Over time however, the quality of the food made it popular with all sorts of people, not just transportation workers. Today Xiao Yan Meat Rice has cemented its reputation as the go-to place in Taichung for the nationally popular dish of braised pork belly with rice. Some even go as far as to suggest it is the best in the country! 

I certainly don’t have the authority to decide whether or not that claim is true. I’ll just let the food speak for itself.

What I can tell you is that it was not only my favourite breakfast in Taichung, but probably the best breakfast I had in Taiwan.

Entrance to the breakfast place in taichung

The unassuming entrance to Xiao Yan Meat Rice (蕭爌肉飯), the local’s go-to place for breakfast in Taichung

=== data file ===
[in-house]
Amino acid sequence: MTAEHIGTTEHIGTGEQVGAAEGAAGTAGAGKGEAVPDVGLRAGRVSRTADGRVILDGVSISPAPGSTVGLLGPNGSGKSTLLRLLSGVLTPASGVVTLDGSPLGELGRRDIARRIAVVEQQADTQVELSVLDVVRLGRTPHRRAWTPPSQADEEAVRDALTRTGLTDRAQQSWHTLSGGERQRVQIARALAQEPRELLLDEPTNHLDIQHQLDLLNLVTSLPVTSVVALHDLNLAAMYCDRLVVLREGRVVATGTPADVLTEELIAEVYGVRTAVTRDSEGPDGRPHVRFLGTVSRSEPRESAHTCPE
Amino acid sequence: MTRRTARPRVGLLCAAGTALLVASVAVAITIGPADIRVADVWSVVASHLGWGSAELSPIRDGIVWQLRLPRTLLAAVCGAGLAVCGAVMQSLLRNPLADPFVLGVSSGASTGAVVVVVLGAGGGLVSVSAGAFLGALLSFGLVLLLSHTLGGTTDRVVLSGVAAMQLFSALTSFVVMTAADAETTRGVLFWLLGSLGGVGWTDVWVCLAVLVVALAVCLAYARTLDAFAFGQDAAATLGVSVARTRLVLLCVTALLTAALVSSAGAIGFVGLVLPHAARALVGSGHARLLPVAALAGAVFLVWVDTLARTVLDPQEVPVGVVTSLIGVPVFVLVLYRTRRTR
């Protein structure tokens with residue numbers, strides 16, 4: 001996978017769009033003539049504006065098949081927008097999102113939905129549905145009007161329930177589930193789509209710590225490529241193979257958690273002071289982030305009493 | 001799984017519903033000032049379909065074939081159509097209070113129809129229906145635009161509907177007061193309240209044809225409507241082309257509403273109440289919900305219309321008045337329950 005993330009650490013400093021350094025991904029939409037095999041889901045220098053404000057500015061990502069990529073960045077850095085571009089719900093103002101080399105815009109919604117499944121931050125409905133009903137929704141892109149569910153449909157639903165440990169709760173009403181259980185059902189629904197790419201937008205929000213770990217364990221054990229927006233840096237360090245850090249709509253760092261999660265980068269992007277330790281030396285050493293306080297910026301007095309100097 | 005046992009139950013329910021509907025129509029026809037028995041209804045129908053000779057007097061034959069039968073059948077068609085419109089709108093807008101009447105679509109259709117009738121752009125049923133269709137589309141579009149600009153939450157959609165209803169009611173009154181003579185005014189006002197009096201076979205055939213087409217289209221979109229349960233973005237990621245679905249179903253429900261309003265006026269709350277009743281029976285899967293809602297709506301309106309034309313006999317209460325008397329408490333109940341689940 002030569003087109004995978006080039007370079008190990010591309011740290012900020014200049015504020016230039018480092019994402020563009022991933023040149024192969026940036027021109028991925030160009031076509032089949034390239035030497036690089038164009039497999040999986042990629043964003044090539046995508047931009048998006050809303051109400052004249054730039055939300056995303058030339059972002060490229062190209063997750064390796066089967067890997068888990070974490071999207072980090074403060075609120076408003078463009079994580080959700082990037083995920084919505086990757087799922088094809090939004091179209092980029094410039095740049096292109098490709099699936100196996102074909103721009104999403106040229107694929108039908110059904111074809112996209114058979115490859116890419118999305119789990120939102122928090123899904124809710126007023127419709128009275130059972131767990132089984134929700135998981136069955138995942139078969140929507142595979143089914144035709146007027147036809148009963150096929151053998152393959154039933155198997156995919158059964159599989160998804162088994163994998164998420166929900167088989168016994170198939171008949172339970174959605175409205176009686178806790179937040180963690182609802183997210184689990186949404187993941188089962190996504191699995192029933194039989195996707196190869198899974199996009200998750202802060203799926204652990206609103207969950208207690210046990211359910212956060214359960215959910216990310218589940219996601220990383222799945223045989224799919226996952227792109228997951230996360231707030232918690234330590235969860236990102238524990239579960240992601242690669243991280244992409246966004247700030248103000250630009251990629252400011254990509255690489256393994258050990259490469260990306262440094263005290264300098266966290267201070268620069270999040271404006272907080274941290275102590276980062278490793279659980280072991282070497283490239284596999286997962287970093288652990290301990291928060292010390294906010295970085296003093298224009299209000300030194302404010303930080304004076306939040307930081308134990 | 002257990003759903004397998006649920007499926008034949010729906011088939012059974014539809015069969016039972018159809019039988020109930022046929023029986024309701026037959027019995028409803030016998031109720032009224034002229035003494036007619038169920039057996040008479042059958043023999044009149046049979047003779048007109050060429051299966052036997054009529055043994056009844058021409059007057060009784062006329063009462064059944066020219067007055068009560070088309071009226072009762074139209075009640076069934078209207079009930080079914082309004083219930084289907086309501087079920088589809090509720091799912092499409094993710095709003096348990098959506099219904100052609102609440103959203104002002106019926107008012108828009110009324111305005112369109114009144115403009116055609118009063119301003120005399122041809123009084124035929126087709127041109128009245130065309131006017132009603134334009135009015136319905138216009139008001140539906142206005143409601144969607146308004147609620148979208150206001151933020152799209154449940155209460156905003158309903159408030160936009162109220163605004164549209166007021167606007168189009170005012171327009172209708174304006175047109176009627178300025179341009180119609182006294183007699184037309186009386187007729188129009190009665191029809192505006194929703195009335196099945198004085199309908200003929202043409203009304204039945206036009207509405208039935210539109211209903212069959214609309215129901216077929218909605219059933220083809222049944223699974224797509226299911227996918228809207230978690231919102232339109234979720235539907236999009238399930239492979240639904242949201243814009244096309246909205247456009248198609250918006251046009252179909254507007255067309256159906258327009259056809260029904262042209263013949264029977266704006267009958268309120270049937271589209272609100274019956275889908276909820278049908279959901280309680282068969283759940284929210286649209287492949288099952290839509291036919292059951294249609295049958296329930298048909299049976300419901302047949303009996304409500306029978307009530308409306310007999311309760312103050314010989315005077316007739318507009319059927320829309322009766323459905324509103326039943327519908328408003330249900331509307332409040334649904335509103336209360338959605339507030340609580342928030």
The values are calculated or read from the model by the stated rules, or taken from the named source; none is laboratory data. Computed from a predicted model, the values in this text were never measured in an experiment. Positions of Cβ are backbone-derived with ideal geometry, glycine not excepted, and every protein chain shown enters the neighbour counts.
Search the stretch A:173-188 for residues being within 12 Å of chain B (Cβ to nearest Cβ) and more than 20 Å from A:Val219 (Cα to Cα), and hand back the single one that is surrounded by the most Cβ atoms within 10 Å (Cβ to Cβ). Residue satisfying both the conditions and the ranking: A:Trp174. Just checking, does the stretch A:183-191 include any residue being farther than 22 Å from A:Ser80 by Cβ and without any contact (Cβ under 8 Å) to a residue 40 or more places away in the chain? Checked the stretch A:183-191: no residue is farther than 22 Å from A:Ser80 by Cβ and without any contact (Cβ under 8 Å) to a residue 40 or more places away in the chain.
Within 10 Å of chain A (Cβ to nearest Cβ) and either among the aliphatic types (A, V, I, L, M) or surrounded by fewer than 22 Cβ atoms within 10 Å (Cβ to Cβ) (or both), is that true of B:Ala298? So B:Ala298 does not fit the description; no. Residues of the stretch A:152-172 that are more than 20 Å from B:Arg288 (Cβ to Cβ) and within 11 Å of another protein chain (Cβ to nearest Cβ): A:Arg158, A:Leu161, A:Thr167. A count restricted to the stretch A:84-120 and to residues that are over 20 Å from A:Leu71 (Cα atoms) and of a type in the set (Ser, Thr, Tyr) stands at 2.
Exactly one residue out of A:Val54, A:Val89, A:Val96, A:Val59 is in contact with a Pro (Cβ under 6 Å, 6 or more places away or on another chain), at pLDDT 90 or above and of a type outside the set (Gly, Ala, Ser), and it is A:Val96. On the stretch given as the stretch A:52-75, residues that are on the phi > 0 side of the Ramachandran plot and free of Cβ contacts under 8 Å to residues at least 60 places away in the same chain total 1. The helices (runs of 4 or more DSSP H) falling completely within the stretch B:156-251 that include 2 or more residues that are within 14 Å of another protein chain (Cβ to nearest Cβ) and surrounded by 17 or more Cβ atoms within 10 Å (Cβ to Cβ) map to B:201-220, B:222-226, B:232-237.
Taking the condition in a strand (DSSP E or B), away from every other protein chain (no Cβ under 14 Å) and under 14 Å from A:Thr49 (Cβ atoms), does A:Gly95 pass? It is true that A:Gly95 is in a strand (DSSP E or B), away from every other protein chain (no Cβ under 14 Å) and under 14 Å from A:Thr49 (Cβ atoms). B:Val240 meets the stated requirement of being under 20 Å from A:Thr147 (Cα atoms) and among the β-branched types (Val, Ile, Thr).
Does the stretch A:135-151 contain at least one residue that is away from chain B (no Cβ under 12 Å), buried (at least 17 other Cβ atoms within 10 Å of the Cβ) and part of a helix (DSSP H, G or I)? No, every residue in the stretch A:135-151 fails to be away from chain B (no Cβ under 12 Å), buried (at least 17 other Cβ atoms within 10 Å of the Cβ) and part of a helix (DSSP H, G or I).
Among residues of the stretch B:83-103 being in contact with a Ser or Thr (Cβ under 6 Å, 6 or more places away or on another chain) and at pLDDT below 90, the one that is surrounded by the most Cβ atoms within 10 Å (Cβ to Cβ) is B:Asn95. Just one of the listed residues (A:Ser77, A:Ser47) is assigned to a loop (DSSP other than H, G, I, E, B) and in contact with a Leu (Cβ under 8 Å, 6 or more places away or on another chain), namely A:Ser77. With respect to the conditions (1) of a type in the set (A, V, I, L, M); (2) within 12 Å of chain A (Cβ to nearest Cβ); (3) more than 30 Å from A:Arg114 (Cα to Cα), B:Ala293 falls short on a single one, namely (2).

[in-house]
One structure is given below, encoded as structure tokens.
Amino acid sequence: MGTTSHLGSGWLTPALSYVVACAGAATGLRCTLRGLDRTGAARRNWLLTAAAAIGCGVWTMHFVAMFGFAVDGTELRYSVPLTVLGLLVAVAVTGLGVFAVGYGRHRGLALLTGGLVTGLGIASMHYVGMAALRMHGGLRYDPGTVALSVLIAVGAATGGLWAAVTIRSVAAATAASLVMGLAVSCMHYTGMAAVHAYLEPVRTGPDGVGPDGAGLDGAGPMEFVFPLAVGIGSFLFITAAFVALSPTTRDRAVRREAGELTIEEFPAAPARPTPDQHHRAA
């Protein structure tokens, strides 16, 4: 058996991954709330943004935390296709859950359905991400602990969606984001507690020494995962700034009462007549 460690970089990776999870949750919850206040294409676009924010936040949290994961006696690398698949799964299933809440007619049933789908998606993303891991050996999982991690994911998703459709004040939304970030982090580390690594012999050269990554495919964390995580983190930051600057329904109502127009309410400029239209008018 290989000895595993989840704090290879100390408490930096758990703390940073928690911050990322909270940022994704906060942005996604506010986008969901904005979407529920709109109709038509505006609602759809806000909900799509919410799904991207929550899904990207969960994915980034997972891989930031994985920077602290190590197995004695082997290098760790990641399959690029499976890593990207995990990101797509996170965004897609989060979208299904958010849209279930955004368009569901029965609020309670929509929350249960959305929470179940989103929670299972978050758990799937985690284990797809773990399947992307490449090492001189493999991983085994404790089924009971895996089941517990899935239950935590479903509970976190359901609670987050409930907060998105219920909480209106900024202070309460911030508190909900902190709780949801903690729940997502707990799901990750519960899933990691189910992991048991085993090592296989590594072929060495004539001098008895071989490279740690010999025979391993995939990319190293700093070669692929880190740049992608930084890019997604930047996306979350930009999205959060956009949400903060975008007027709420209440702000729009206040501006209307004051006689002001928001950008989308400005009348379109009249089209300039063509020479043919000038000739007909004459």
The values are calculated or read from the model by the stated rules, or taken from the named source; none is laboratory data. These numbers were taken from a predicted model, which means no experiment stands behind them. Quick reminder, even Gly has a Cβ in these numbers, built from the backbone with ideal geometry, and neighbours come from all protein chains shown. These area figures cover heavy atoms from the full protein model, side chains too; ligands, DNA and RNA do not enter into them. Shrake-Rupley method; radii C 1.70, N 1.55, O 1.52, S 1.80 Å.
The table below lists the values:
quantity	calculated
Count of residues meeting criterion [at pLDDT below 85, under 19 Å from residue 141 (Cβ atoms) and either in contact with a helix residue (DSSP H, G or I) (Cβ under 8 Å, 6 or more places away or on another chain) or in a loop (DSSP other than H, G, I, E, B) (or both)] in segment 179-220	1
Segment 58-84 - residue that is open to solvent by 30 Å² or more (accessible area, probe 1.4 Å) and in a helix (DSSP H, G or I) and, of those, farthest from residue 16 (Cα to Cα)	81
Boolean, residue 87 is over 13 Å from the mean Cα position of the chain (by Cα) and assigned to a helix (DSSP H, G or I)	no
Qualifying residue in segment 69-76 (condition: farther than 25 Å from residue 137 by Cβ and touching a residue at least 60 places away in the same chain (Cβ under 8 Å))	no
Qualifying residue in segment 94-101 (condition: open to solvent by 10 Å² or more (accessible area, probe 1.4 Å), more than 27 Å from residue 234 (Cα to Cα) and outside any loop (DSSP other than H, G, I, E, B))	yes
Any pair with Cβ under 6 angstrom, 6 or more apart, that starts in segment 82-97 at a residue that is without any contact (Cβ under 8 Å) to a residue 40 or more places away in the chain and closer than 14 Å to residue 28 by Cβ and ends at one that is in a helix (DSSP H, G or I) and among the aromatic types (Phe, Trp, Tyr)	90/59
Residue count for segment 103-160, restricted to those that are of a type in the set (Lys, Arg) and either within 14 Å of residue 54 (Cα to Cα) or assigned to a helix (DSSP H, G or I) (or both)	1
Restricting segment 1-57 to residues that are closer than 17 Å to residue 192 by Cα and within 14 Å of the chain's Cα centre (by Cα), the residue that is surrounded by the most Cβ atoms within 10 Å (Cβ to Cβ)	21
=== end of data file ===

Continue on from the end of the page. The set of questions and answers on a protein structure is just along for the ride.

What they serve and how it works

I know I sound like a broken record, but places that specialise in a single dish are almost always the places you want to eat.

Xiao Yan Meat Rice is no exception. 

The dish they are famous for is their braised pork with pickled mustard greens and rice. Popular across Taiwan, this is made by slow-cooking large chunks of pork in an aromatic sweet and salty broth. The pork is cooked for many hours, meaning that the meat is fall-apart tender and the fat melts in the mouth.

The slow cooking also creates a deliciously rich and porky broth, which is used to cook the rice, giving it a unique flavour and texture (similar to that you find in Lou Rou Fan).